Wood floors, ceiling and heavy wooden beams for support all over the place and it reminds me of Alvin's own barn that he calls Space Studios back in England, from the photos I saw inside the On the Road to Freedom album. Now my mind and emotions are changing course like quicksilver, from fear and hyper awareness for our safty to "hey we're really here, we made it" and Alvin is only a short time and distance away.

The only point that I'm not really sure about is Alvin's tour bus, because my memory is fuzzy about whether it was along side the building when we got there or it was there a short while later. 

The opening act The Lazers:

A friend of mine knew one of the band members and told me that this band was going places, they were going to be huge (not by way of this pig sty in Rennselaer, as far as I was concerned).

The band comes on, they're out to make a point, they're rough and tough and they all want to be stars. I believe they thought they were at Madison Square Garden opening up for Aerosmith or some such thing. The lead singer started spitting on the amps, and blowing snot all over the place (maybe a little cocaine back stage) who knows, who cares, we're all there to see The Alvin Lee Band, to Hell with these people, since when does Alvin Lee need a warm up act?

Three songs into the Lazers' set and the people in front of the stage are getting more restless by the minute and in-between songs the audience starts in with "Alvin, Alvin, Alvin" to which the response from the lead singer is "who gives a "F" about some has-been-once-was guitar player from some old band, we're what's happening right now" basically saying "look at us, ain't we cool, we're hot!"  Not a chance pin head, you're outta--here--gone--history!  As I said three songs into their set and the audience is already bored and revolting in no uncertain terms. A hot exchange ensued between the band and the audience. I grabbed for my leather jacket once again and back into defence mode I headed.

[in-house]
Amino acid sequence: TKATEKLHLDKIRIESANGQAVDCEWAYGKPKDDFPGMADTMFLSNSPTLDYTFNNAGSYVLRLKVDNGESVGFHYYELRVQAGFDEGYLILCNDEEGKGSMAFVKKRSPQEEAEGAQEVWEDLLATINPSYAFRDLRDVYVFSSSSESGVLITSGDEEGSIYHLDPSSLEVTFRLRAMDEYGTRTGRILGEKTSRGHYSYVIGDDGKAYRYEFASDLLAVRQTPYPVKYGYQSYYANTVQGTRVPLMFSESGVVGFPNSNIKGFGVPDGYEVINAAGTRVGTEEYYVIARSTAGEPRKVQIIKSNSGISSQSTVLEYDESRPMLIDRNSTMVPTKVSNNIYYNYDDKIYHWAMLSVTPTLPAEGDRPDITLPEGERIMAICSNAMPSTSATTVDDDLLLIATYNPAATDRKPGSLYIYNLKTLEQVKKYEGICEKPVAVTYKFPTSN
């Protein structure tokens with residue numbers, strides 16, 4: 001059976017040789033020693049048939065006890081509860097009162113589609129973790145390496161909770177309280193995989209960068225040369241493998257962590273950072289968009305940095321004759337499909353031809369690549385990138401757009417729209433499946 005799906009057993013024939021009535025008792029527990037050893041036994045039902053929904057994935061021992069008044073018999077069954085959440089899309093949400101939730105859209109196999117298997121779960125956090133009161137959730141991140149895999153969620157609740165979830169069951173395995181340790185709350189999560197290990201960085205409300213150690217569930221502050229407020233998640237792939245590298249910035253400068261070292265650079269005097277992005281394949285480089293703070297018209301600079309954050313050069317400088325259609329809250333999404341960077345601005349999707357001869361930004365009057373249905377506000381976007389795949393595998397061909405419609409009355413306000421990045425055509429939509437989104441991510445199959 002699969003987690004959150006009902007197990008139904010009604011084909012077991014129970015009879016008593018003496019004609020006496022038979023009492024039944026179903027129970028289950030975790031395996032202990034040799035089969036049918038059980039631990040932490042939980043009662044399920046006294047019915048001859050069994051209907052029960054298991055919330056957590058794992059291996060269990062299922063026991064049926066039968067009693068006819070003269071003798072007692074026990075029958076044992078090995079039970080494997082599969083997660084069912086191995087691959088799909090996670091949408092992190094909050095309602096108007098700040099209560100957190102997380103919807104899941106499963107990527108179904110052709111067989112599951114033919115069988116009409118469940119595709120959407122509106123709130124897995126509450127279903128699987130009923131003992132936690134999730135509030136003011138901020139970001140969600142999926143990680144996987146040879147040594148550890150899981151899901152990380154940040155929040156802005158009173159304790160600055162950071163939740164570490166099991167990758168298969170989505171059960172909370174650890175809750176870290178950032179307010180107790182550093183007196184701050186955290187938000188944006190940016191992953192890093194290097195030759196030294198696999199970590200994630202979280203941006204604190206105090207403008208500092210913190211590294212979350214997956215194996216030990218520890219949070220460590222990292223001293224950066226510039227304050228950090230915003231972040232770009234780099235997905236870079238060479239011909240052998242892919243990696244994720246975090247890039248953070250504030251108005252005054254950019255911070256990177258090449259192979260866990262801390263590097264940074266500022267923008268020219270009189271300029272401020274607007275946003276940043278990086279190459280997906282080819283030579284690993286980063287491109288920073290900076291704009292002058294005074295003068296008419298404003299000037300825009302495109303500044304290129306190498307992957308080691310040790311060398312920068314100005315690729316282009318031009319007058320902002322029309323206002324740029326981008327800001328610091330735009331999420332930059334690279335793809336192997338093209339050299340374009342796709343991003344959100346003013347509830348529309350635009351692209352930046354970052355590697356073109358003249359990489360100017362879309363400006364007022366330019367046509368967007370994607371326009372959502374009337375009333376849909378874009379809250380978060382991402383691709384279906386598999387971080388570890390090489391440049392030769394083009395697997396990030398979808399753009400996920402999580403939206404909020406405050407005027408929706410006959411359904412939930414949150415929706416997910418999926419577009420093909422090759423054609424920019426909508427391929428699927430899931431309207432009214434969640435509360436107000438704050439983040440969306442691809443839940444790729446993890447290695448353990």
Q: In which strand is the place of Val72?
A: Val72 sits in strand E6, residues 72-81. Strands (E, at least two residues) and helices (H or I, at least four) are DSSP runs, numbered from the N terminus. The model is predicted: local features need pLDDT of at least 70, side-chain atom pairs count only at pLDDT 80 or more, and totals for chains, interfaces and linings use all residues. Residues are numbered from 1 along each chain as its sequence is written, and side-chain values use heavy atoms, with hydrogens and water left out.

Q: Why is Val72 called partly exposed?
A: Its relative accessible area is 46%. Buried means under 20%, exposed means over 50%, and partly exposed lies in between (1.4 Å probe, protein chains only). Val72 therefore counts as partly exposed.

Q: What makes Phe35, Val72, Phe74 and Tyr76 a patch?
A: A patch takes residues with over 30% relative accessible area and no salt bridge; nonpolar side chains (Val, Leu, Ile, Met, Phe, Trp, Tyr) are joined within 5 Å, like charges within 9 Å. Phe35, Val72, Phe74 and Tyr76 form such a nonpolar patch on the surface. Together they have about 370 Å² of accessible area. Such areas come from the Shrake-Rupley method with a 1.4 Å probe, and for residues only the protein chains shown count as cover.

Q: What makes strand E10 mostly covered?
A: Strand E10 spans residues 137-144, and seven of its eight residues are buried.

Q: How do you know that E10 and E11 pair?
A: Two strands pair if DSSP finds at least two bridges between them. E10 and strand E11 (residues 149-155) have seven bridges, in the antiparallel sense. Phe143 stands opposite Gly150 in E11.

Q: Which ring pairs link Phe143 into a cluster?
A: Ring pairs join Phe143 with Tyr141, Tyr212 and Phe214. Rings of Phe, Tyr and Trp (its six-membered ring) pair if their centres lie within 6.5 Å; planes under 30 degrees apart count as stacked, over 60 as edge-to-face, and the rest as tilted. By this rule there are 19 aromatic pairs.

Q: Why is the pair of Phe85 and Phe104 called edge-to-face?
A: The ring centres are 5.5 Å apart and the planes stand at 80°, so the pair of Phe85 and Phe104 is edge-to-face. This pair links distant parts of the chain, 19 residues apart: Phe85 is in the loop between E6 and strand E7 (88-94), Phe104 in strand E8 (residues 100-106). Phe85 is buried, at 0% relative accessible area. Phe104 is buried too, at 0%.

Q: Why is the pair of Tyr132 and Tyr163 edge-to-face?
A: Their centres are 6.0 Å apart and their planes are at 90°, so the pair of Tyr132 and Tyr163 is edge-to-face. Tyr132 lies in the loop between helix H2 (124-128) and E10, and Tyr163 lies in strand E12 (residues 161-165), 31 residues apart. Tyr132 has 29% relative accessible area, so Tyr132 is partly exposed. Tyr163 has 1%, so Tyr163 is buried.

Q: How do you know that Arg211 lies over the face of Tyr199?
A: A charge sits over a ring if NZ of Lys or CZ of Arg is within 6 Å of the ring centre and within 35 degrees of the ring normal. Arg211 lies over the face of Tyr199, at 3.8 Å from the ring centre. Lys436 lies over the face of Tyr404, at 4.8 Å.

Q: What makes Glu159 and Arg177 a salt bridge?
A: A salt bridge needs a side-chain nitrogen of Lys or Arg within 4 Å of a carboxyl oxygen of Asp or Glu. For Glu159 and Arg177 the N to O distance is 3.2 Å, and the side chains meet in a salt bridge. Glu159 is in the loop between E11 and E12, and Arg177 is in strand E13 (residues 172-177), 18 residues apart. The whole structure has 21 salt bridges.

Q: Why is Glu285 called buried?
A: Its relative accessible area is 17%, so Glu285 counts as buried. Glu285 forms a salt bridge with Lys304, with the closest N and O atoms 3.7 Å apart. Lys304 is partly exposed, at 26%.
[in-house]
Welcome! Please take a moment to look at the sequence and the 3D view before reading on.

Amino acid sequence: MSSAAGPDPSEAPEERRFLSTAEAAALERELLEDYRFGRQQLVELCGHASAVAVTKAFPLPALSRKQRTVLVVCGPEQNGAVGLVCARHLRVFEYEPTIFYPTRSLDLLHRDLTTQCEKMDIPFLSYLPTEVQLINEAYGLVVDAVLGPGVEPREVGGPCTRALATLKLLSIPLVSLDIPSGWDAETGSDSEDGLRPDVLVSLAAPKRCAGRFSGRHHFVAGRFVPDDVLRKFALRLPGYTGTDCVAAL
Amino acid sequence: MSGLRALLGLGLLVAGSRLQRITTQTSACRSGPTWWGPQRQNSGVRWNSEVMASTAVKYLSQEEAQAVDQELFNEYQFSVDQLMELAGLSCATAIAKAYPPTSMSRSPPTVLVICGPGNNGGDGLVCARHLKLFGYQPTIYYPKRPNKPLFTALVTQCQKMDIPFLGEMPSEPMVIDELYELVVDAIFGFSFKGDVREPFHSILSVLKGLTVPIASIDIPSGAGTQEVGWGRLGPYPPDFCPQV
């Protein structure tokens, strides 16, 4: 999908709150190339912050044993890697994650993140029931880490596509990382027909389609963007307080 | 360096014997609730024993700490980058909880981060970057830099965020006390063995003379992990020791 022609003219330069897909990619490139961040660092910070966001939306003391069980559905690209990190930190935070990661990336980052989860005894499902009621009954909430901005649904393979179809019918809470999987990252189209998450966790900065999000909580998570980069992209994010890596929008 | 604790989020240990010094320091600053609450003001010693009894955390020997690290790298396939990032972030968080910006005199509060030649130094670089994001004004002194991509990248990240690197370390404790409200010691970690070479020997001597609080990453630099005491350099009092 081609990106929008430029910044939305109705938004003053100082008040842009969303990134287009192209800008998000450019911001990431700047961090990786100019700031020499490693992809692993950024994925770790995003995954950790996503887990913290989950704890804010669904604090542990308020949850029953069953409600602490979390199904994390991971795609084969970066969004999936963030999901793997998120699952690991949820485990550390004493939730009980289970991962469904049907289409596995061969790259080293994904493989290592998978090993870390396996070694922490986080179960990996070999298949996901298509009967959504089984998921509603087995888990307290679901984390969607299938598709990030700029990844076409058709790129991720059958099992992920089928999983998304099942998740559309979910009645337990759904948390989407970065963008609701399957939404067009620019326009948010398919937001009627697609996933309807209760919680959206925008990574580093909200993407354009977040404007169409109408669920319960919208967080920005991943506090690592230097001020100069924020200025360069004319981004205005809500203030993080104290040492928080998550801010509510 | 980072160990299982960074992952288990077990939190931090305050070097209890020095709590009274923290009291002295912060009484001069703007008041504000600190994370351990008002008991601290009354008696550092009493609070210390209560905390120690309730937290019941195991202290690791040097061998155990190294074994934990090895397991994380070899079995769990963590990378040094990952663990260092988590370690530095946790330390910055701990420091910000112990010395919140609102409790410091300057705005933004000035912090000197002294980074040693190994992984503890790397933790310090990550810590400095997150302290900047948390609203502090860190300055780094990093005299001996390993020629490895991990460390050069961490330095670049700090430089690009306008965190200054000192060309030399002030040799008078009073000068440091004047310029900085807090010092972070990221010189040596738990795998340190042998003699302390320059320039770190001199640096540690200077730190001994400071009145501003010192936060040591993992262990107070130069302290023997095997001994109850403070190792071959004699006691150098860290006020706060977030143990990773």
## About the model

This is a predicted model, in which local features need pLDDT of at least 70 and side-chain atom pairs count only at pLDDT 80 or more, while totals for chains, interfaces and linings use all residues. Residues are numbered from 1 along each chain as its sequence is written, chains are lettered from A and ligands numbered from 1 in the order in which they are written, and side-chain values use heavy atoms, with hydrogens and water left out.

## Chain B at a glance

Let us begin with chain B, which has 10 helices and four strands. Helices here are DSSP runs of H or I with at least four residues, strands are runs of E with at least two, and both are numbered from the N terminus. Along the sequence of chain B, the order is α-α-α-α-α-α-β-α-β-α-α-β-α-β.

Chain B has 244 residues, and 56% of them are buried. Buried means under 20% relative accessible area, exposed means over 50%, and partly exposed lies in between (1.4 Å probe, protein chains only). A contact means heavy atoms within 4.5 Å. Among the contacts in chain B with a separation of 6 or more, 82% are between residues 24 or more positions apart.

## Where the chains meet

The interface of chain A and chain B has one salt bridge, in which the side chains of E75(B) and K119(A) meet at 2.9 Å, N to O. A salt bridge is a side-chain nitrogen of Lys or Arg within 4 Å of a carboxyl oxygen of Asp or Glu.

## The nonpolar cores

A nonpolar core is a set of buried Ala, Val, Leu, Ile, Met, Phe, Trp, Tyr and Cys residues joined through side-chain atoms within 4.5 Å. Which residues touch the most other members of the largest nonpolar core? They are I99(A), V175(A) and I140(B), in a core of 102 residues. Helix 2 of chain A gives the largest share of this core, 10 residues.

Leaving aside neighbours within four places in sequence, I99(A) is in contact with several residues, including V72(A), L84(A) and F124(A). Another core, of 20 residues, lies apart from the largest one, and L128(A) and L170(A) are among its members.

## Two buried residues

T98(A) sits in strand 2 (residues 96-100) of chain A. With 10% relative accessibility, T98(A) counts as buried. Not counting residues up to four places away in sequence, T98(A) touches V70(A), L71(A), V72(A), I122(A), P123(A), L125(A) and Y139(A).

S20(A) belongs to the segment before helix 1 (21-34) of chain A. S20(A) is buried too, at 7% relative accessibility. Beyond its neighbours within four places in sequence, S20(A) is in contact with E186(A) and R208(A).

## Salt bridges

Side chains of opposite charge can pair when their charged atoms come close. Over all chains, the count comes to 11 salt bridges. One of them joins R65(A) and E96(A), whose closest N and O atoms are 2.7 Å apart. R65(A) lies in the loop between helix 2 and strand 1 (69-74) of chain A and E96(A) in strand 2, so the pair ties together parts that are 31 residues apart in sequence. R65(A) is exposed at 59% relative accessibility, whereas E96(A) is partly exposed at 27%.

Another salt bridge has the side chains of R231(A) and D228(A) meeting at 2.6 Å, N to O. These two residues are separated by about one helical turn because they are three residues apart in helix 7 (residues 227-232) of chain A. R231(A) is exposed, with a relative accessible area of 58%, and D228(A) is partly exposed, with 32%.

The men on the stage started saying FU to the audience and the same FU was coming back to the band in spades, switch-blades and guns would be next and I'm thinking about protecting my little sister and nothing besides.

The band got pissed off and left the stage an hour early and the audience erupted with savage elation over this victory. Now I myself was in an emotional void between feeling sorry for the warm up band which were really very good but so arrogant as to need a damn good wacking and this crowd of savages who were craving blood, choas and violence just to satisfy their need for primal recreation and lust. A Roman Wilderness of lions and Christians and at this point I can't tell who is who any longer and I really believe if all Hell breaks loose I'm sure the police won't make any effort to come here until the cold light of day or better yet noon time tomorrow. We're on a dead end road in more ways than one and once again I'm reminded that we're stranded and completely on our own, there is no excitement in this kind of fear and unrest and these natives are hunting heads.

 

Where's Alvin: